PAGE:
The Canterbury Tales, written by Geoffrey Chaucer, is an assortment of stories by a group of pilgrims who are heading towards the Canterbury Cathedral. Chaucer addresses different stereotypes and distances his characters from the social norm. He did that by making them have memorable aspects and highly wry.
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More specifically, in The Wife of Bath, Chaucer delve into the stereotypes of men and women, defining their basic wants and needs. The tale describes the wife of bath as an optimistic woman, knowledgeable, well cultured, and wealthy, which was rare for a woman back in the fourteenth century. As the story continues, so do the characters challenging the status quo.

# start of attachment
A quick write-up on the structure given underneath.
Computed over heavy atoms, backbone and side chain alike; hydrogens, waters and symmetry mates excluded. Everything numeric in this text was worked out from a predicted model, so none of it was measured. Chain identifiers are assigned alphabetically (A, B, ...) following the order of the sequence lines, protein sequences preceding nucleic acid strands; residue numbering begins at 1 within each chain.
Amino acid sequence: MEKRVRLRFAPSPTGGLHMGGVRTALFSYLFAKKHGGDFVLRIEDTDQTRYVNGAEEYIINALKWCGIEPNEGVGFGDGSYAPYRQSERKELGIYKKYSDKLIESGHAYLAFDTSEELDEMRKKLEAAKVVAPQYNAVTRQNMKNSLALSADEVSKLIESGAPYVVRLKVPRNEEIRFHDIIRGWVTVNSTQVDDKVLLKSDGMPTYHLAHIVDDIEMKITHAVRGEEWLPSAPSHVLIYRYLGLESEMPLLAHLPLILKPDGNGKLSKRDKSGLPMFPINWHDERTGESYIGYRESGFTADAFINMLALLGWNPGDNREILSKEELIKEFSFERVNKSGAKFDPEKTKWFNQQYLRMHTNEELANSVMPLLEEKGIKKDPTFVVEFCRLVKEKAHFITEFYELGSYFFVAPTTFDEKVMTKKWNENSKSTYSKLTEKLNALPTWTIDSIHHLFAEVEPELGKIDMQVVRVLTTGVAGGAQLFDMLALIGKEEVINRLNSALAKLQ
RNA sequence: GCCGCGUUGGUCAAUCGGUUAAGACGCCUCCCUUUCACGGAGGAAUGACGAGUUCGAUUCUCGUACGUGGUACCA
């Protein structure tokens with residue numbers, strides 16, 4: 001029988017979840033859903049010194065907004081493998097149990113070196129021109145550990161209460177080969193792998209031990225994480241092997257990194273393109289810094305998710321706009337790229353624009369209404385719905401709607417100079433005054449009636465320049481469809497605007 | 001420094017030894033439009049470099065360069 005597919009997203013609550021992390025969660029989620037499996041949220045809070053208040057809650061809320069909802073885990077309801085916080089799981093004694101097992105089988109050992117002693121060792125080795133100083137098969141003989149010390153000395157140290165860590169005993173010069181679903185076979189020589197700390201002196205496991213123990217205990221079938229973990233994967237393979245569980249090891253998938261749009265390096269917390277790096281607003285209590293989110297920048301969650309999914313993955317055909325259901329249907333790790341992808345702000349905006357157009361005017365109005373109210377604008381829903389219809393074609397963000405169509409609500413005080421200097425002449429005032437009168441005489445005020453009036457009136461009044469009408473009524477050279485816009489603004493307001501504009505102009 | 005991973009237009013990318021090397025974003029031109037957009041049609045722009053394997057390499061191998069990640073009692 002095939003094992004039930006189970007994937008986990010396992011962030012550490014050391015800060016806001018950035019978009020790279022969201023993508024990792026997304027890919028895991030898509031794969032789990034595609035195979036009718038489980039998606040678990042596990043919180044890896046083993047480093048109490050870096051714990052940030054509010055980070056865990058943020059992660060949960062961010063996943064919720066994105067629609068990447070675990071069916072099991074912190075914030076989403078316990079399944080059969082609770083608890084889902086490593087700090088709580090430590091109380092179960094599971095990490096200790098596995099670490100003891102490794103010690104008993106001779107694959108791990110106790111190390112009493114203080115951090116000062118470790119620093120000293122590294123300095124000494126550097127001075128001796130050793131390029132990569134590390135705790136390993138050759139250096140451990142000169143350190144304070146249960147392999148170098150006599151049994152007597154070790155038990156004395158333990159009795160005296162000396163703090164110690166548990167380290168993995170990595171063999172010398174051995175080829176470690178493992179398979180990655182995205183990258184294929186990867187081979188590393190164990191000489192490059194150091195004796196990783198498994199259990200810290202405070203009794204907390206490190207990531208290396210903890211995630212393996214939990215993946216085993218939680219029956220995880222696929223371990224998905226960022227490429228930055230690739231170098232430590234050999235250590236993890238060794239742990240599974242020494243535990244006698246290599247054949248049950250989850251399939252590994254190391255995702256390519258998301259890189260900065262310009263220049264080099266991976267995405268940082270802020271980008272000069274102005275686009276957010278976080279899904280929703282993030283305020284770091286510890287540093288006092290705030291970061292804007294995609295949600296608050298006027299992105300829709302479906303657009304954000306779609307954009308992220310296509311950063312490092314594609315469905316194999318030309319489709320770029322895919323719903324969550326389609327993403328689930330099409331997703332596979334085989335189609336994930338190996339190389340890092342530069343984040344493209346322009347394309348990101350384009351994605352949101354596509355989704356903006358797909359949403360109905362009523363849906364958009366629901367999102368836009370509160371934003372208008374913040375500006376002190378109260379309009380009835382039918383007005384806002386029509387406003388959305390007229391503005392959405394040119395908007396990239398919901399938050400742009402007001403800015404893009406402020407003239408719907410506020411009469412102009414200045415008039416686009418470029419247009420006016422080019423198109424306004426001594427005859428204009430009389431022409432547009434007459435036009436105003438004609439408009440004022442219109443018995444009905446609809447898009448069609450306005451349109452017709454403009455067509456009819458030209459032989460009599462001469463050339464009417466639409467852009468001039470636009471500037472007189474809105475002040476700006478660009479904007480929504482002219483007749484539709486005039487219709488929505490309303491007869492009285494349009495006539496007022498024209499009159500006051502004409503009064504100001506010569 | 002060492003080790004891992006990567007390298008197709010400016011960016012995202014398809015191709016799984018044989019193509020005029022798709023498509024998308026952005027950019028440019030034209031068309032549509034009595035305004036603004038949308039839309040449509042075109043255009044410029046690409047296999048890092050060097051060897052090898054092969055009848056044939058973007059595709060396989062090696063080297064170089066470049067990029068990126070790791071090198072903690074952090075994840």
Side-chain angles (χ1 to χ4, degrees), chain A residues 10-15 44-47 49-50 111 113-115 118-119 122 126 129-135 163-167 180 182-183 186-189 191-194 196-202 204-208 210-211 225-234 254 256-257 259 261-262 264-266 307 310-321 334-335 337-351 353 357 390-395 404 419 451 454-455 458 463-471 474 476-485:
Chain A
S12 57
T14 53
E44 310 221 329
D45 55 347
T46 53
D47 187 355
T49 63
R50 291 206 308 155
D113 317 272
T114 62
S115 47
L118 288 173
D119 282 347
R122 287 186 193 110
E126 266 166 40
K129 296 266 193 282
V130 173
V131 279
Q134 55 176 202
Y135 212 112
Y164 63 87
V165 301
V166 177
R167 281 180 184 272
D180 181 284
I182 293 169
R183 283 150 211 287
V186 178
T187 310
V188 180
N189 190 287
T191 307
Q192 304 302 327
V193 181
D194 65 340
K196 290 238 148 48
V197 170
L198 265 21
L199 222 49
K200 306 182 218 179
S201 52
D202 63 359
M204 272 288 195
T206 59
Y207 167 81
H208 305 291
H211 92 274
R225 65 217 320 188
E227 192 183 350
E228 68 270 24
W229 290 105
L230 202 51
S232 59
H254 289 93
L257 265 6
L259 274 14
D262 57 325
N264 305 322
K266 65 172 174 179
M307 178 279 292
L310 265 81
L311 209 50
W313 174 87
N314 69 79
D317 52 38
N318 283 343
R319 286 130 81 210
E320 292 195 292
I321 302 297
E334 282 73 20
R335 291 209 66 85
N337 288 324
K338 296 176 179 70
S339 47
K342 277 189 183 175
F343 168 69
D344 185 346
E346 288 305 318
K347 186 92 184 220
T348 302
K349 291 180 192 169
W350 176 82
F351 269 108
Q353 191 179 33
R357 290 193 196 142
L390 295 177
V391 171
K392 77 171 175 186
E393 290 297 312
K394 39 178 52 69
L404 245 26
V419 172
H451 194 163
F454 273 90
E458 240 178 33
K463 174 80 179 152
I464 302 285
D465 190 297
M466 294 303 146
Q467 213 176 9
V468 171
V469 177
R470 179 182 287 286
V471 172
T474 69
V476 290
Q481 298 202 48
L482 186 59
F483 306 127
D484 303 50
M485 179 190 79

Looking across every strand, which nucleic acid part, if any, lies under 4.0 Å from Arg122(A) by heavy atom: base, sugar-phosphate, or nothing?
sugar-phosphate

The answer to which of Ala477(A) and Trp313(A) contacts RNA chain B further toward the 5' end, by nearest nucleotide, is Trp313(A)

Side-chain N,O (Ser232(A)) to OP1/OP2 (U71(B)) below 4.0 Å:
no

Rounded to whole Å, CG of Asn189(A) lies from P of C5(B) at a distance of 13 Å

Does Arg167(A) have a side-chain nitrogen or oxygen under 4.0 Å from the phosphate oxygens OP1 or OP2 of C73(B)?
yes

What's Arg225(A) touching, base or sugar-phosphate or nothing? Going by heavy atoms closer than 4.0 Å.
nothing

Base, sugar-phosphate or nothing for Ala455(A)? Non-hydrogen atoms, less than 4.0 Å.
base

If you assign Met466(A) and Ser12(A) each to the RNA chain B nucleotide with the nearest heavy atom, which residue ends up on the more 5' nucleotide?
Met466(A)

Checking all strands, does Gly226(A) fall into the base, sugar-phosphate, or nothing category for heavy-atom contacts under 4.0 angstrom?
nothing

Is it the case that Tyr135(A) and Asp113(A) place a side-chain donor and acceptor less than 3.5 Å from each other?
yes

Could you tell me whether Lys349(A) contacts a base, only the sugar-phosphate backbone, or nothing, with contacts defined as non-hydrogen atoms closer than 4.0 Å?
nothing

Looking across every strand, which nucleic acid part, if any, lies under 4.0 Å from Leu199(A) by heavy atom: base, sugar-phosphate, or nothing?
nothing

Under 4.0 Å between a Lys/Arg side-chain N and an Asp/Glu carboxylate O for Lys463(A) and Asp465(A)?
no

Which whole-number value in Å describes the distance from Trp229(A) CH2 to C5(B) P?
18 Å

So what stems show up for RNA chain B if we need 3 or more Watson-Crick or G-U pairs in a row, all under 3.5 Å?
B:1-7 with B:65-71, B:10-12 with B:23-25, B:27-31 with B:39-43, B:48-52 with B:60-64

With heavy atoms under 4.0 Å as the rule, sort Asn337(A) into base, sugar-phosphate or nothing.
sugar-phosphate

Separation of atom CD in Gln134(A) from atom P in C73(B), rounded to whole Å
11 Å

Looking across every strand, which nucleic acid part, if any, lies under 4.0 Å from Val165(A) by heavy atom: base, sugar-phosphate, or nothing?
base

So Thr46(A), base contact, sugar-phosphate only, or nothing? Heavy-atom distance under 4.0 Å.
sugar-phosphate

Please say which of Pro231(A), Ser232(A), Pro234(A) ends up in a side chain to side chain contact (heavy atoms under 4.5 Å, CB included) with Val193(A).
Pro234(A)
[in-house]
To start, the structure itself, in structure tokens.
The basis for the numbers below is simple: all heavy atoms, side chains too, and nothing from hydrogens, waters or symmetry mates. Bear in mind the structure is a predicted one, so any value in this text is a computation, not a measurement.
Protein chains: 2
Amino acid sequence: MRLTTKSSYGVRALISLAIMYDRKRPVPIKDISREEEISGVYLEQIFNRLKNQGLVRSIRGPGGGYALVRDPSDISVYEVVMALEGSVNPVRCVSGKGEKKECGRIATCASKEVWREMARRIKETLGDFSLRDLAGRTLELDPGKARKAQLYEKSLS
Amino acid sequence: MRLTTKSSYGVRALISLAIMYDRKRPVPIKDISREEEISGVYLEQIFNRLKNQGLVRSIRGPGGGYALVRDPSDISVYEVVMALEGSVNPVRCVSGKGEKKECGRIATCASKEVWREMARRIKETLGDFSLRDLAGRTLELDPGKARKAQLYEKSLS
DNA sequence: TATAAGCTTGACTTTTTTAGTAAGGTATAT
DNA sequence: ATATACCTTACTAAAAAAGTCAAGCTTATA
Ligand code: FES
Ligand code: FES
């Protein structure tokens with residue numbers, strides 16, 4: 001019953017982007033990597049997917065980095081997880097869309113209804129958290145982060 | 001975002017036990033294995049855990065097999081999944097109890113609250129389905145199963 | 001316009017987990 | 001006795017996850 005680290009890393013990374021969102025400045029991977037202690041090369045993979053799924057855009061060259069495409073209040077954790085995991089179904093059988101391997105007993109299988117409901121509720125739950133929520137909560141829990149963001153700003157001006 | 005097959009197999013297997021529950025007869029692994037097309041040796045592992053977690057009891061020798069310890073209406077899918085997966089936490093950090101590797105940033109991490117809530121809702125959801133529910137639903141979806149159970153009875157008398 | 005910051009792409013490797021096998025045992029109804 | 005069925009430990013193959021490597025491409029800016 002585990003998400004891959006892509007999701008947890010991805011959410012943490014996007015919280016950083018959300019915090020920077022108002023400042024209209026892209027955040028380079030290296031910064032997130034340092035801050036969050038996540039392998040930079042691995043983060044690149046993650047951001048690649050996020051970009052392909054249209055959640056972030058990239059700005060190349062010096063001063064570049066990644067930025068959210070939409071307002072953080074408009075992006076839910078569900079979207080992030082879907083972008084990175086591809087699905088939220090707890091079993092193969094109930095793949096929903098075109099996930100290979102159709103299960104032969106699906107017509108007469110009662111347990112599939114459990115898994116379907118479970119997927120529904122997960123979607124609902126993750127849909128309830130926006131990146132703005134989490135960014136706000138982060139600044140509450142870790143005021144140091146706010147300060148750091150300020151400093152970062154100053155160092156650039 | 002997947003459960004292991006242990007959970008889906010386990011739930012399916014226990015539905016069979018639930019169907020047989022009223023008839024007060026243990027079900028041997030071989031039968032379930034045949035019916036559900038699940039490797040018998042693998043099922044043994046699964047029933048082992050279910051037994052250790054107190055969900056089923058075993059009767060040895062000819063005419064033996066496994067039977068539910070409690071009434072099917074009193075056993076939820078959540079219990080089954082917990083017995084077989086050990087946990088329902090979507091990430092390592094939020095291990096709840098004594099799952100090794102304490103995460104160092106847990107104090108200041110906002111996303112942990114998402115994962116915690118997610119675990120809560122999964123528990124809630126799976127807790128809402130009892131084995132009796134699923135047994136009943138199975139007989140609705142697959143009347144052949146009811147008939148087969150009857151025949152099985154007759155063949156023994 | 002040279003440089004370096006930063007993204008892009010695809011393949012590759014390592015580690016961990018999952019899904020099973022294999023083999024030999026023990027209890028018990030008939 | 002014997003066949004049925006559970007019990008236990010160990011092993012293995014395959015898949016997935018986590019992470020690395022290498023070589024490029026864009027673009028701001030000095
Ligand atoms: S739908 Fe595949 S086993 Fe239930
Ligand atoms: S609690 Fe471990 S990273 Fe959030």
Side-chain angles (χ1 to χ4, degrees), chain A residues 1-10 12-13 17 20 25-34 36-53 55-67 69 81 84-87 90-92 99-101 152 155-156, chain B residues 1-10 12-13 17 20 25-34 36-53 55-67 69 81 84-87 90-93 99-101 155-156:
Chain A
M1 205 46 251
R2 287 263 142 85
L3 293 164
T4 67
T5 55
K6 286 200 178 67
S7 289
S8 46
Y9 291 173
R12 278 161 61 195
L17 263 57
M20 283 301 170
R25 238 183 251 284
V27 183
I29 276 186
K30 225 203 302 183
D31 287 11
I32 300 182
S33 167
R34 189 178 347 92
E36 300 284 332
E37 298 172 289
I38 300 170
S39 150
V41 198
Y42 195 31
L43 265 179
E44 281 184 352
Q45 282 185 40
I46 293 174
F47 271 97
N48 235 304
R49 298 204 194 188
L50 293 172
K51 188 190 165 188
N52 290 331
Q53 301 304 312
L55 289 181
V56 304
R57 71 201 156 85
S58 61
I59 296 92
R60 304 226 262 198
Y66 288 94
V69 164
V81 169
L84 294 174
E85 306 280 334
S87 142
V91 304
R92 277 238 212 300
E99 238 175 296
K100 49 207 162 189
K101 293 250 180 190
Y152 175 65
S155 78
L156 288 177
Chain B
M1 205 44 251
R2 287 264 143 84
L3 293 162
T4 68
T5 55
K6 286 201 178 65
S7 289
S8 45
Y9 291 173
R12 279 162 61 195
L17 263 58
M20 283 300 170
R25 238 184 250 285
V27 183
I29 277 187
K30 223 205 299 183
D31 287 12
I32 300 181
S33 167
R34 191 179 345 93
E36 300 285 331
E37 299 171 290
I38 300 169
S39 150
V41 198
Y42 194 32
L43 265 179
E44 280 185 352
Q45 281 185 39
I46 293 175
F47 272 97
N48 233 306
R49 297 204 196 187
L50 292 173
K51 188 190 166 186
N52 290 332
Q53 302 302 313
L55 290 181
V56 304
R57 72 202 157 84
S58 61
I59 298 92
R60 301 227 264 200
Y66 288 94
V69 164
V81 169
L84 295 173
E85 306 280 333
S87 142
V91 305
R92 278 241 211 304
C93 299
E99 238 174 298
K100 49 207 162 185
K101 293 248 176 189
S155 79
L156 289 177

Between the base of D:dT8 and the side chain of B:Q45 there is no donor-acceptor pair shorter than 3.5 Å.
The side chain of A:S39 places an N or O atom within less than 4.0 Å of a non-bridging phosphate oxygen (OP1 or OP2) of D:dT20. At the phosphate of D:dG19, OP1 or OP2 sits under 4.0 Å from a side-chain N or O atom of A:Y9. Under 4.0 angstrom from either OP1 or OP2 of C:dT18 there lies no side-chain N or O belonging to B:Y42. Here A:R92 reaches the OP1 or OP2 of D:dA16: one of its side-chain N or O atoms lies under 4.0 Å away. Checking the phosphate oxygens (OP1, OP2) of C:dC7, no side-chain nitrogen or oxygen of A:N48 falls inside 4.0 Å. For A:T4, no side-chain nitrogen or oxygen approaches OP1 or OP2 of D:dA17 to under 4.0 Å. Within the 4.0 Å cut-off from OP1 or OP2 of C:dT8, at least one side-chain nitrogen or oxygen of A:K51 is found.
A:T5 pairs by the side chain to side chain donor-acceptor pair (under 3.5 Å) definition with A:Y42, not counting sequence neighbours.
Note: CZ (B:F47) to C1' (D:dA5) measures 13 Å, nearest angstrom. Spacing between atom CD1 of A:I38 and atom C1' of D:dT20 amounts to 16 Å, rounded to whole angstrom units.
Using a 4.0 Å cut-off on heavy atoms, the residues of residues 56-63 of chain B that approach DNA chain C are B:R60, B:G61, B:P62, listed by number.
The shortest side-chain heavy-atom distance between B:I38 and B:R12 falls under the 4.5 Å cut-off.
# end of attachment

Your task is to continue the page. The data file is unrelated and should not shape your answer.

Opening up the tale in the Wife of Bath’s Prologue, in lines 11-12, the wife of bath establishes herself as an authoritative figure to marriage. Being married multiple times the wife of bath feels as if she is an expert in marriage, Chaucer’s way of empowering her. She then continues on to tell the pardoner and other pilgrims a story about a knight. She goes on about a knight who raped a maiden. The knight raping the maiden challenged the traditional values of chivalry in the Middle Ages. The king wanted to condemn the knight by beheading him, however the queen offered another option, and the king gave way to her. With the king giving the queen the case, that alone challenges the social norm because back then women did not have a say, let alone men handing over their power to them. The queen told the knight to find out what women desire the most.
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